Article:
What’s in a name?

Portland’s Benjamin Franklin Freeman rocks with the weirdest of them

WHO IS THAT MASKED MAN?<br> Benjamin Franklin Freeman of … Benjamin Franklin Freeman shows off his alter ego.

Benjamin Franklin Freeman of … Benjamin Franklin Freeman shows off his alter ego.

Courtesy Of Benjamin Franklin Freeman

Benjamin Franklin Freeman performs with La Dolce Vita and Werewolf Fri., Feb. 2, at Off Limits. Show starts at 10 p.m. and costs $3.

It takes a certain kind of person—a confident if not megalomaniacal one—to name his band after himself. It also takes a certain kind of person—a thoughtful, determined one—to name his band after a prominent historical figure like, say, Benjamin Franklin. But a combination of the two, realized in Portland band Benjamin Franklin Freeman, which shares its name with its frontman, seems utterly over-ambitious.

Freeman ("Frank” to his friends), a songwriter who expertly walks the line between tasty pop and balls-out rawk, explains that the name is really a matter of necessity.

“We started out as The Draft,” said Franklin via e-mail as his band prepared for the trek to California. “I loved that name. After a year or so I was told that three of the four members of a band called Hot Water Music had broken away to form a band they would call The Draft.”

Freeman’s The Draft had already released an energetic record, but it stopped using the name rather than dealing with the legal hassle. The Draft became Flightlessbird and played a handful of shows under that name but feared it would eventually be stolen as well.

“Benjamin Franklin Freeman is my full name and I doubt anyone will think to call themselves that,” Freeman said.

Whatever its name, Freeman’s band is strictly rooted in good ol’ rock ‘n’ roll, whether it’s bands like Queen, the Pixies, the Grifters and Spoon, as described by hometown critics, or ‘90s rock bands like the Smoking Popes or even Soundgarden, the latter of whom BFF seem to nod to on their newer songs.

“I loved Badmotorfinger,” said Freeman. “I would steal my family’s station wagon, burn a hog leg and listen to that album over and over. I’m sure that had some impact on my writing. That tape could be found between my Ritual de lo Habitual and Bossanova tapes.”

Franklin’s family moved around constantly when he was a kid, and he bounced from band to band as a teenager, experimenting with psychedelic music and crazy costumes (he still takes the stage dressed in a variety of weird outfits).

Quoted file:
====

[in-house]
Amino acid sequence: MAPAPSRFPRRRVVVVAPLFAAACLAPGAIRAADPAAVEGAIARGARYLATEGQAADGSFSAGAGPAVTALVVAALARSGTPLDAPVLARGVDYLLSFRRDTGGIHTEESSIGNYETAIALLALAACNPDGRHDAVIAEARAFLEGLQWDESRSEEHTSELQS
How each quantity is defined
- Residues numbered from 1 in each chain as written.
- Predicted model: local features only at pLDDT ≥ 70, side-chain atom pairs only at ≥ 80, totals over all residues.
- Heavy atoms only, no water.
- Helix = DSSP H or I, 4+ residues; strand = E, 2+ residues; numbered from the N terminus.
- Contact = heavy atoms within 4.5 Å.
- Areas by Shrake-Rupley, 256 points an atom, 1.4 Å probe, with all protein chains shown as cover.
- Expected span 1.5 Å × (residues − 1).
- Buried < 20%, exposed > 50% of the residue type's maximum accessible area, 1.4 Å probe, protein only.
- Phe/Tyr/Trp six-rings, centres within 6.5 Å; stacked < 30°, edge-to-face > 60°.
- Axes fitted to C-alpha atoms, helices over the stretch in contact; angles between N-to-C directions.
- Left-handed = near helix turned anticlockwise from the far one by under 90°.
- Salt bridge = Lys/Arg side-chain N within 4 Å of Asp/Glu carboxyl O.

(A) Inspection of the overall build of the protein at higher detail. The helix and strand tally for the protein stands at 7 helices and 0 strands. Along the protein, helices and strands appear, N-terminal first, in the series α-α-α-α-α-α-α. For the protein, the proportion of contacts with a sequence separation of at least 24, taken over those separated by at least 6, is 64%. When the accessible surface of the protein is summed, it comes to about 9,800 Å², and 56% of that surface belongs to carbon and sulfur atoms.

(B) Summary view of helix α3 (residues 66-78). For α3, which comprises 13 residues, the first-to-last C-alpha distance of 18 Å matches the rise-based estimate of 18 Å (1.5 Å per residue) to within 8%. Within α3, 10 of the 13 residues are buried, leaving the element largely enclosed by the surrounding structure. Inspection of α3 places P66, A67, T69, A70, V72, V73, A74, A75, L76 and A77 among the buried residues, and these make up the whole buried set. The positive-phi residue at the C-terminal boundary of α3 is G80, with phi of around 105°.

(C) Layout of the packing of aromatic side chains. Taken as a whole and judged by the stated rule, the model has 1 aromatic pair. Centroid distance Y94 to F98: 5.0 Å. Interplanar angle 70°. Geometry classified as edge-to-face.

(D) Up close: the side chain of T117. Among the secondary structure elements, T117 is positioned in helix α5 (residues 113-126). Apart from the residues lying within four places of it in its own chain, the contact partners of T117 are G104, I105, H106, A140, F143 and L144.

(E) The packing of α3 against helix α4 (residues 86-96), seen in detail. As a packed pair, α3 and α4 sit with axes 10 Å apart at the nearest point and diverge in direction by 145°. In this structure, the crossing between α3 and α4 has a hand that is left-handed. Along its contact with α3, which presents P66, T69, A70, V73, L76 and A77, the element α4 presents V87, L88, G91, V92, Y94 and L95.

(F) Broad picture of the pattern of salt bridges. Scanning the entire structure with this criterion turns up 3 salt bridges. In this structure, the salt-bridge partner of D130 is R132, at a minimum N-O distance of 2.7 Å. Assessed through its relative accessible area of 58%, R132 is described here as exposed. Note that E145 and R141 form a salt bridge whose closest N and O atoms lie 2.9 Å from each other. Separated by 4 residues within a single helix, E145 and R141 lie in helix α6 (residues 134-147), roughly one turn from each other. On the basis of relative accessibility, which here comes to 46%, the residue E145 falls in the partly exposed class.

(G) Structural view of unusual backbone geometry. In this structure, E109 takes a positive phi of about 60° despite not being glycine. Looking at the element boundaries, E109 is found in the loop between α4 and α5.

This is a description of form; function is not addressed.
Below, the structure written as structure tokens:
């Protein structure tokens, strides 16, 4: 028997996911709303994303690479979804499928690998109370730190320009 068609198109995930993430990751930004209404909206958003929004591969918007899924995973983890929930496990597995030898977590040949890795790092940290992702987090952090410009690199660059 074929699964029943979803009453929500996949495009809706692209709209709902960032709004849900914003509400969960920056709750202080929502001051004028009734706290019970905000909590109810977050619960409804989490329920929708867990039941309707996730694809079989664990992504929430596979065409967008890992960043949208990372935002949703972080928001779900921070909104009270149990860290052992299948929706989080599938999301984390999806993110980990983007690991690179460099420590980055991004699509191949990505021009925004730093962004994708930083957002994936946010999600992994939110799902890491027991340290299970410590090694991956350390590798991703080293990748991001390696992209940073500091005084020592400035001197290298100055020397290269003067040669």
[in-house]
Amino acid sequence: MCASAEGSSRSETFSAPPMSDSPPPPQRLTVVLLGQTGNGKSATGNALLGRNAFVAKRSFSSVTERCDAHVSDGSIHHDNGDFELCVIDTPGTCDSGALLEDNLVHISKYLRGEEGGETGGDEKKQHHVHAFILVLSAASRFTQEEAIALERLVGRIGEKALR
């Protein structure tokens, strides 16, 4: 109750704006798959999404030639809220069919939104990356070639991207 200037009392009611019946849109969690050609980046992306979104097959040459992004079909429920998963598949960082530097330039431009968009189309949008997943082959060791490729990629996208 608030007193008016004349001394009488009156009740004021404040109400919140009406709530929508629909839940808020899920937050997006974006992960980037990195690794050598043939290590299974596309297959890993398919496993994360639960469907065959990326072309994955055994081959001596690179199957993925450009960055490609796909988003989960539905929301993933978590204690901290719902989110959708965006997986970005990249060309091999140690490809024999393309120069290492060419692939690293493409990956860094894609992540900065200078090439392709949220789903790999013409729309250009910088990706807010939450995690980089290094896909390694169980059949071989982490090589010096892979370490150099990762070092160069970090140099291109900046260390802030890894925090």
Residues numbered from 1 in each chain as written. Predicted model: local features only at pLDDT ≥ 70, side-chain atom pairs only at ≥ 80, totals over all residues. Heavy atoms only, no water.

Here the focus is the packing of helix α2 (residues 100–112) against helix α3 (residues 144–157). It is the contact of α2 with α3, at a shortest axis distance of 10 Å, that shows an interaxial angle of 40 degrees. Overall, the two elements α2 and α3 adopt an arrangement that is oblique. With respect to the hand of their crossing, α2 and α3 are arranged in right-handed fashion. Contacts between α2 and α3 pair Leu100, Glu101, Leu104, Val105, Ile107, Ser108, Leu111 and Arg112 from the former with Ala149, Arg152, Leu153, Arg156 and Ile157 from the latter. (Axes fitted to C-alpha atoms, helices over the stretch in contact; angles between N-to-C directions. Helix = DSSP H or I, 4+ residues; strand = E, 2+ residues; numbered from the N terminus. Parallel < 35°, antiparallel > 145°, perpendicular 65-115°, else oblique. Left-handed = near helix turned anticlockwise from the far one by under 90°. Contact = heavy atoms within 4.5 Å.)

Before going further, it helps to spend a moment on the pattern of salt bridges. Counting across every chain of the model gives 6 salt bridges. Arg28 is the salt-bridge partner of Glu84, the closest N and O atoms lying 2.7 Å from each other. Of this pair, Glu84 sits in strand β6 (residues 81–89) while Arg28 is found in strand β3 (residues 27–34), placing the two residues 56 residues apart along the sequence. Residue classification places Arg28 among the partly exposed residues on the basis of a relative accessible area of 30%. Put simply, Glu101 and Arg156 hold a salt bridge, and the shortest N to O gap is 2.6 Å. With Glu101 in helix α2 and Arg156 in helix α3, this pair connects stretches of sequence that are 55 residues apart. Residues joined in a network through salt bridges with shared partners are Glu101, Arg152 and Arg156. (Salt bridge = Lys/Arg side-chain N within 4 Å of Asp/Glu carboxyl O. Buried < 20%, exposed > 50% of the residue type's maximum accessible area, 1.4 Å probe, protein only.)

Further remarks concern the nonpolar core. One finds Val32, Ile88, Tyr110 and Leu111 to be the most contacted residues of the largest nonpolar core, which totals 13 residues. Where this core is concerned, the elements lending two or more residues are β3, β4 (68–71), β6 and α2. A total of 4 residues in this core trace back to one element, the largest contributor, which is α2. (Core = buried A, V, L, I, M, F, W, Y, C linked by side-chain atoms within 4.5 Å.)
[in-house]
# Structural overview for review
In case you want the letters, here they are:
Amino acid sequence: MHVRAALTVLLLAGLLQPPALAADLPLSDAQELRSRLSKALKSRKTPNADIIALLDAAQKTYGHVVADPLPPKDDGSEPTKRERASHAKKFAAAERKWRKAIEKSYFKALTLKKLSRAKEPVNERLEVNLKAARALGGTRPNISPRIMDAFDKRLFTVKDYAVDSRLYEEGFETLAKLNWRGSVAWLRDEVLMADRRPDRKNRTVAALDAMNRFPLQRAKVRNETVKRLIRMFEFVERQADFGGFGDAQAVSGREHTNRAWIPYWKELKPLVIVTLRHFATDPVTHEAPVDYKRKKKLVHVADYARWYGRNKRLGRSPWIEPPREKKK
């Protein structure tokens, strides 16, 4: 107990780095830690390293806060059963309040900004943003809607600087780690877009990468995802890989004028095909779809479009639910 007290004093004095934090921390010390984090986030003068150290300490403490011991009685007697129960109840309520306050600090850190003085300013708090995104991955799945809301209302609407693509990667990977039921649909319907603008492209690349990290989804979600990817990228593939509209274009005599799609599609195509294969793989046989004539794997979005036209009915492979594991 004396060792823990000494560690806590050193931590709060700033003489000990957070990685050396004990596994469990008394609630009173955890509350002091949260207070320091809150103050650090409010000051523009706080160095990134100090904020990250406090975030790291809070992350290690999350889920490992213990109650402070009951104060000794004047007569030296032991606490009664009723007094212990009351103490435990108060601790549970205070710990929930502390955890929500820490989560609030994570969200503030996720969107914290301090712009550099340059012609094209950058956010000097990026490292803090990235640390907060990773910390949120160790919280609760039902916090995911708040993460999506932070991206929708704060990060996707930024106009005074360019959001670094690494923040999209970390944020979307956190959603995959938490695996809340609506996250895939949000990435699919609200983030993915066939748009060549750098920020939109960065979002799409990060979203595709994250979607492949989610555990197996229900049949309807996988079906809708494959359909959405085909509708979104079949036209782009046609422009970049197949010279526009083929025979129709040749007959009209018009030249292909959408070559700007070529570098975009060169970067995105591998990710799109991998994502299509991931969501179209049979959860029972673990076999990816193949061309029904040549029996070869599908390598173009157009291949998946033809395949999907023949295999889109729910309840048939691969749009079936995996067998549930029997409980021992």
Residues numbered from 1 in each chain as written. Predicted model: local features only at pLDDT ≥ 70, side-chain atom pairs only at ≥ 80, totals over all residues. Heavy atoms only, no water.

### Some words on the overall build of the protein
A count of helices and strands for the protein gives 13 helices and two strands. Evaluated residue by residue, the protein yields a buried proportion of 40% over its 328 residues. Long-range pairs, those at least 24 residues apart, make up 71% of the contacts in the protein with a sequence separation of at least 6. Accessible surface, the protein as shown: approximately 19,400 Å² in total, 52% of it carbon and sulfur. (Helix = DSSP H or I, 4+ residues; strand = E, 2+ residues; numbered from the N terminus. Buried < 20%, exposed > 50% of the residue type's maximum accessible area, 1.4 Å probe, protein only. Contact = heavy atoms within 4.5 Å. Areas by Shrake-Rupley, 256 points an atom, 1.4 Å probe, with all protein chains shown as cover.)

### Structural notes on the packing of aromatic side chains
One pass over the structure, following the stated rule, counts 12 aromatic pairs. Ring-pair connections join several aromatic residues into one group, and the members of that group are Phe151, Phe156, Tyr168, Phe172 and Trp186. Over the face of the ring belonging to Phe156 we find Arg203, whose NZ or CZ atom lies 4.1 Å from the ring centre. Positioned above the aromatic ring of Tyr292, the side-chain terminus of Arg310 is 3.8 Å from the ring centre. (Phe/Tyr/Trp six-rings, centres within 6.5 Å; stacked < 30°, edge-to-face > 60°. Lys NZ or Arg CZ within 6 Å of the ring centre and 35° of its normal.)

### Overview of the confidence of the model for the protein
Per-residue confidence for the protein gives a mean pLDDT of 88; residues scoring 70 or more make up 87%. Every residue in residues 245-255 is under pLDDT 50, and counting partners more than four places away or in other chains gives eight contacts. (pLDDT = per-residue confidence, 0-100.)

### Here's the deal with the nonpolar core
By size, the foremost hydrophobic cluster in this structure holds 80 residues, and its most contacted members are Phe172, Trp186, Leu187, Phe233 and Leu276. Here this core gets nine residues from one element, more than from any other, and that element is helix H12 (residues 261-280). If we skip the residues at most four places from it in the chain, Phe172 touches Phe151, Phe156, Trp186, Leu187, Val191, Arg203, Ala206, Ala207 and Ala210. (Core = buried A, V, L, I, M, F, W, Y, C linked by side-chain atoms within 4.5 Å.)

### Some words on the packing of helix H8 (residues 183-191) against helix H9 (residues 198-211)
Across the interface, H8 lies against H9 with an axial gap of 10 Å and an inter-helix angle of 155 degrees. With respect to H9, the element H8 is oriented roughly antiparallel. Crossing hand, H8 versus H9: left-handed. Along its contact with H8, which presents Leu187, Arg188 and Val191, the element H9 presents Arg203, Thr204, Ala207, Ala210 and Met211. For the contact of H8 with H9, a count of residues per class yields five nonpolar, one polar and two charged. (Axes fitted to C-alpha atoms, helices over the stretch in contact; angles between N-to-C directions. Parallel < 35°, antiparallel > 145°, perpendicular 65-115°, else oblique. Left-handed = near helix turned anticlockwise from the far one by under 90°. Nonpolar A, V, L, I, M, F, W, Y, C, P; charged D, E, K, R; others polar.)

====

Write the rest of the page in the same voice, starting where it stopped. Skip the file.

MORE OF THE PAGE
One life-changing moment came when, in a freak accident at a house show, his friend and bandmate was electrocuted by a microphone and died shortly thereafter.

“It just seemed like a crucial moment in my musical history,” he said. “I don’t think you ever get over something like that. I still ask myself why I wasn’t the one electrocuted by that mic.”

After the accident, Freeman had sworn off music altogether. Years later, he and his band (along with a spate of side projects—Freeman’s is called Jesus Burger, bassist Zach Domer’s is simply Domer) have found a place in the burgeoning music scene of Portland.

“There’s a lot of magic in Portland,” Freeman said. “It’s dark. That usually depressing scenario can persuade you to meditate on music …. There is a wealth of progressive and traditional ideas, musical or otherwise, for such a stable city.”

But, BFF is a band that feels more regressive (in a good way), the songs refreshingly free of indie posturing or freak-folk-style self-conscious weirdness.

A current tour finds Benjamin Franklin Freeman in the process of releasing its first album, killyourselfishness, which was recorded by Skyler Norwood at Portland’s Miracle Lake Studios. Norwood approached the band after a show ("he liked my Santa with Satan face costume,” Freeman said) just around the time they’d finished negotiating a deal with Love Harder Records. So they used their advance for some intoxicants and studio time, emerging with a record that captures the band’s raw weirdness. Says Freeman: “All of these songs are written in code, and he [Norwood] understands that. We wanted it to be cut and dry, in the vein of our performances, and it’s a great rendering.”